Cooking Chicken Just Right with Chris Kimball
Americans eat more chicken than any other kind of meat — on average 87 pounds a year per person. But they often do a terrible job of preparing it.
"Most of the time, people are over-cooking it," says Chris Kimball, host of America's Test Kitchen on PBS. We're a nation eating "bad, overcooked chicken," he says — but it doesn't have to be that way.
Kimball has tested hundreds of recipes for his new cookbook, The Best Chicken Recipes, devoted exclusively to the bird.
The key to a good chicken dish begins with selecting the chicken, he says.
Visiting the poultry section of a Santa Monica, Calif., supermarket, Kimball says store-bought chickens generally are "grown to have small legs and large breasts — everyone likes white meat. So this is just average chicken."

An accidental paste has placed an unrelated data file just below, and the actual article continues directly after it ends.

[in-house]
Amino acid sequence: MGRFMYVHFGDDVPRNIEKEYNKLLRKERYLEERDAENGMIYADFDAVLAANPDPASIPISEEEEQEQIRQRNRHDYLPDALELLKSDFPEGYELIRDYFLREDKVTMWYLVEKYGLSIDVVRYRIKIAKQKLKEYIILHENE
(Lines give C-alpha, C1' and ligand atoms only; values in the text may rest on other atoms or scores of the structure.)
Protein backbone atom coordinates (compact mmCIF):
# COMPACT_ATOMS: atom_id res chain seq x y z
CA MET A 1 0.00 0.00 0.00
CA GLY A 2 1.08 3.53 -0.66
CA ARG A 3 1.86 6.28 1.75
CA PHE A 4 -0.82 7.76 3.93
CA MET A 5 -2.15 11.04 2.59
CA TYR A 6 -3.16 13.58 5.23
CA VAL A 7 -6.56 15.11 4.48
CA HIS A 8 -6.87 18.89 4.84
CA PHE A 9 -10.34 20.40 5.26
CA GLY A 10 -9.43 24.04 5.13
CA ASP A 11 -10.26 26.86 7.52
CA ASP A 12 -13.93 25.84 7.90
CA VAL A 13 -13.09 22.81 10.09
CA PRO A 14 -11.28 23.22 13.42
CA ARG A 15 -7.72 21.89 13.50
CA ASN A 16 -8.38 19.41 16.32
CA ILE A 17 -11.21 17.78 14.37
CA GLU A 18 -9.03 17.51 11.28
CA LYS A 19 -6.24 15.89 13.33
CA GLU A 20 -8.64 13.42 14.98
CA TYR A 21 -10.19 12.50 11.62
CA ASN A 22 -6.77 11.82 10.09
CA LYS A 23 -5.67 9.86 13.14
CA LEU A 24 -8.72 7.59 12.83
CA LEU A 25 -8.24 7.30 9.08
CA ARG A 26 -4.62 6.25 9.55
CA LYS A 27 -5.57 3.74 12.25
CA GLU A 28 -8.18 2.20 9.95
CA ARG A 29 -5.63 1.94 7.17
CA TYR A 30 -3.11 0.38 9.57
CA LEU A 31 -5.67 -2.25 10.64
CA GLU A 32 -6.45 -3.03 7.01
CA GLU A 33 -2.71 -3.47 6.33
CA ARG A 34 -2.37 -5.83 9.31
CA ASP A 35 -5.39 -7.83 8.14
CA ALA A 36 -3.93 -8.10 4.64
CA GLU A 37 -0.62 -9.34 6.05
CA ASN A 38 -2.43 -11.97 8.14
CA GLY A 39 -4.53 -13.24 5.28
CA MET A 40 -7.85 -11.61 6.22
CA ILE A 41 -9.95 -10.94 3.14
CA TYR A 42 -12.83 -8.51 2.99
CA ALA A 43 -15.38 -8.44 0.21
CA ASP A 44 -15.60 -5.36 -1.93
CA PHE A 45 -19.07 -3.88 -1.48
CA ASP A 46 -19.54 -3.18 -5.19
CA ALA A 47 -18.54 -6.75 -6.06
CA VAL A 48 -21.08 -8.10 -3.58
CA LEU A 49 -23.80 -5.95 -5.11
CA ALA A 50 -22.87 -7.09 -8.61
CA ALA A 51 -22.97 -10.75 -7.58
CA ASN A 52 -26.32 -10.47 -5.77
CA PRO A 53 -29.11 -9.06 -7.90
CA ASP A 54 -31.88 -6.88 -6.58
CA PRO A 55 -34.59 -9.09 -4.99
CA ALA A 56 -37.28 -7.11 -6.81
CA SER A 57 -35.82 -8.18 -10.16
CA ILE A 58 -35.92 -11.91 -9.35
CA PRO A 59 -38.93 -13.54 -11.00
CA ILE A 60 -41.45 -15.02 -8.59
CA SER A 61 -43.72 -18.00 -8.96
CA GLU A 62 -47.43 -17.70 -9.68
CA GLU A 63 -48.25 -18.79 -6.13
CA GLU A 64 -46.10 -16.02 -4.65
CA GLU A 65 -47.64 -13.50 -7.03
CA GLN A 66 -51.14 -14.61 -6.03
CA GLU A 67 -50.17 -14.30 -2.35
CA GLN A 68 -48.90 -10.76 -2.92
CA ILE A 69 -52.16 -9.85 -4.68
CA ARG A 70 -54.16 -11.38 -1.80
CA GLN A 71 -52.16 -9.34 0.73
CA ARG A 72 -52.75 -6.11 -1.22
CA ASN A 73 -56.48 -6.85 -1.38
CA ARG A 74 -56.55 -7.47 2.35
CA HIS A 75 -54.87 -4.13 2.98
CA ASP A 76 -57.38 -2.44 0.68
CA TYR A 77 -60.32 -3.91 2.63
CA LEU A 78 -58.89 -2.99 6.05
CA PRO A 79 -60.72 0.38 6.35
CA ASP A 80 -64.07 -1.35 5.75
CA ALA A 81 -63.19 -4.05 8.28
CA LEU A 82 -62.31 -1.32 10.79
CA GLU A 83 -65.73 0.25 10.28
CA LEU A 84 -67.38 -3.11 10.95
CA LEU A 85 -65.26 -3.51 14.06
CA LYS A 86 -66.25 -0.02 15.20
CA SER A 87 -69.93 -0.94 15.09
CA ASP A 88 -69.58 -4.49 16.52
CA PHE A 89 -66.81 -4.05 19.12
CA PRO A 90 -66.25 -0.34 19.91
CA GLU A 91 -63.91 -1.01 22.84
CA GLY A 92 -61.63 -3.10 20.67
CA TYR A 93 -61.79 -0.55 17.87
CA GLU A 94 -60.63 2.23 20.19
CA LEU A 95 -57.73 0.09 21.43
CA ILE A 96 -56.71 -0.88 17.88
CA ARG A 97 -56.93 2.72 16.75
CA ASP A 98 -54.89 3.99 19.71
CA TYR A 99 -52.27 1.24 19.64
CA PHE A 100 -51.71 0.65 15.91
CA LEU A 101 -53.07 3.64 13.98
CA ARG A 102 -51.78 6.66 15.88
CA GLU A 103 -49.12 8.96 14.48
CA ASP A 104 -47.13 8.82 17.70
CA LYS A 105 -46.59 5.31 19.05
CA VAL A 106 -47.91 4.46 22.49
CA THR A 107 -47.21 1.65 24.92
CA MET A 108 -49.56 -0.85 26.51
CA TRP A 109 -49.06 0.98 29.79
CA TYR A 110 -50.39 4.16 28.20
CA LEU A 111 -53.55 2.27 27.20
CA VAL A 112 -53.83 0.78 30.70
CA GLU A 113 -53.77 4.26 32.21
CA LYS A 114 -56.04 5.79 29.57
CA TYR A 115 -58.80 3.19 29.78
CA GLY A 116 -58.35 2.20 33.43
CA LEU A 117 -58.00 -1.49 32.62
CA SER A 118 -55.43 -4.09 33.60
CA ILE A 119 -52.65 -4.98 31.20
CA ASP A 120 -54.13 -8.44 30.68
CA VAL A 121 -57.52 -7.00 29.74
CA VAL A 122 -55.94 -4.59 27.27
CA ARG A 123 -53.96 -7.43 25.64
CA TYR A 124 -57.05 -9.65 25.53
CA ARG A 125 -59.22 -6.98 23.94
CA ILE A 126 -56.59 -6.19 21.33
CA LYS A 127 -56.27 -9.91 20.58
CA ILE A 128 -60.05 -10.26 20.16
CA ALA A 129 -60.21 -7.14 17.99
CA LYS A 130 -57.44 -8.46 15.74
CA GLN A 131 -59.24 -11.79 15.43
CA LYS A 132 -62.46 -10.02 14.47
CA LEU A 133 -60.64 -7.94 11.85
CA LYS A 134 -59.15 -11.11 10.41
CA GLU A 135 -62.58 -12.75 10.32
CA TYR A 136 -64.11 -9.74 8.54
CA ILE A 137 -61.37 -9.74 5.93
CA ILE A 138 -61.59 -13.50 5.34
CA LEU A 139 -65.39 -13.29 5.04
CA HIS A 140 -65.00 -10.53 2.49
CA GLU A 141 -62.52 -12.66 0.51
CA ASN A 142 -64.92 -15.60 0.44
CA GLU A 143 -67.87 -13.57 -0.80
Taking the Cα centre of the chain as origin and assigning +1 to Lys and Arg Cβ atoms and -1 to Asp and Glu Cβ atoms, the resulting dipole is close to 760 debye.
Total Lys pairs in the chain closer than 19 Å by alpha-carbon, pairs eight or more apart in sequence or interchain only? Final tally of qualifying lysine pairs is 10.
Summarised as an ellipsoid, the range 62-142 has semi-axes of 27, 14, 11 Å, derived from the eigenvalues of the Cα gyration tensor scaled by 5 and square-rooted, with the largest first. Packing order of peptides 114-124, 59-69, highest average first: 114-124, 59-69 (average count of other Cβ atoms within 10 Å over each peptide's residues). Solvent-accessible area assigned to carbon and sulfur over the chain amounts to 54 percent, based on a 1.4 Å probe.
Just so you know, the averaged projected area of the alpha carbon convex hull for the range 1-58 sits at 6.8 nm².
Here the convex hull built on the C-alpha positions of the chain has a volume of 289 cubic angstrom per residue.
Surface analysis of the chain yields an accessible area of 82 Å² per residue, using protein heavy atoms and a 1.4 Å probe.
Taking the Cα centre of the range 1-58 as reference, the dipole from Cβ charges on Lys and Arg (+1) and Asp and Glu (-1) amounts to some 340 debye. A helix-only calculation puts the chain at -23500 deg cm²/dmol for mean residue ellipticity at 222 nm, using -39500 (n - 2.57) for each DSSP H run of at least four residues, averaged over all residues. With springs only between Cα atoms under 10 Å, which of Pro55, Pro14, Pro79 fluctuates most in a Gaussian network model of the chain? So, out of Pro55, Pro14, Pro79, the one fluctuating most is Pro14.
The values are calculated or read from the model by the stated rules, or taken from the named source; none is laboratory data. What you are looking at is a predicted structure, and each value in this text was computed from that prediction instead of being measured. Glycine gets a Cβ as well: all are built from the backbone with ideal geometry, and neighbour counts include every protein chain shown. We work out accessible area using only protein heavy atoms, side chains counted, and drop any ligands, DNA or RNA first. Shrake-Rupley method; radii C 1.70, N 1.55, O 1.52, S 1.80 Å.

For an above-average bird, Kimball recommends searching out a kosher brand. That's because they're individually slaughtered by hand, their salt flavor helps the meat retain water for a juicier taste, and the salt tends to make chicken more tender.
He says bone-in, skin-on chicken breasts are more flavorful than the boneless, skinless kind.
Before you get started, Kimball says, don't be afraid to make mistakes — he says that's the best way to learn.
"Making bad food is the beginning of becoming a good cook," he says.
With the chicken and a digital thermometer in hand, Kimball walks Renee Montagne through preparing one of the recipes, for pan-roasted chicken breasts with vermouth, leek and tarragon pan sauce.
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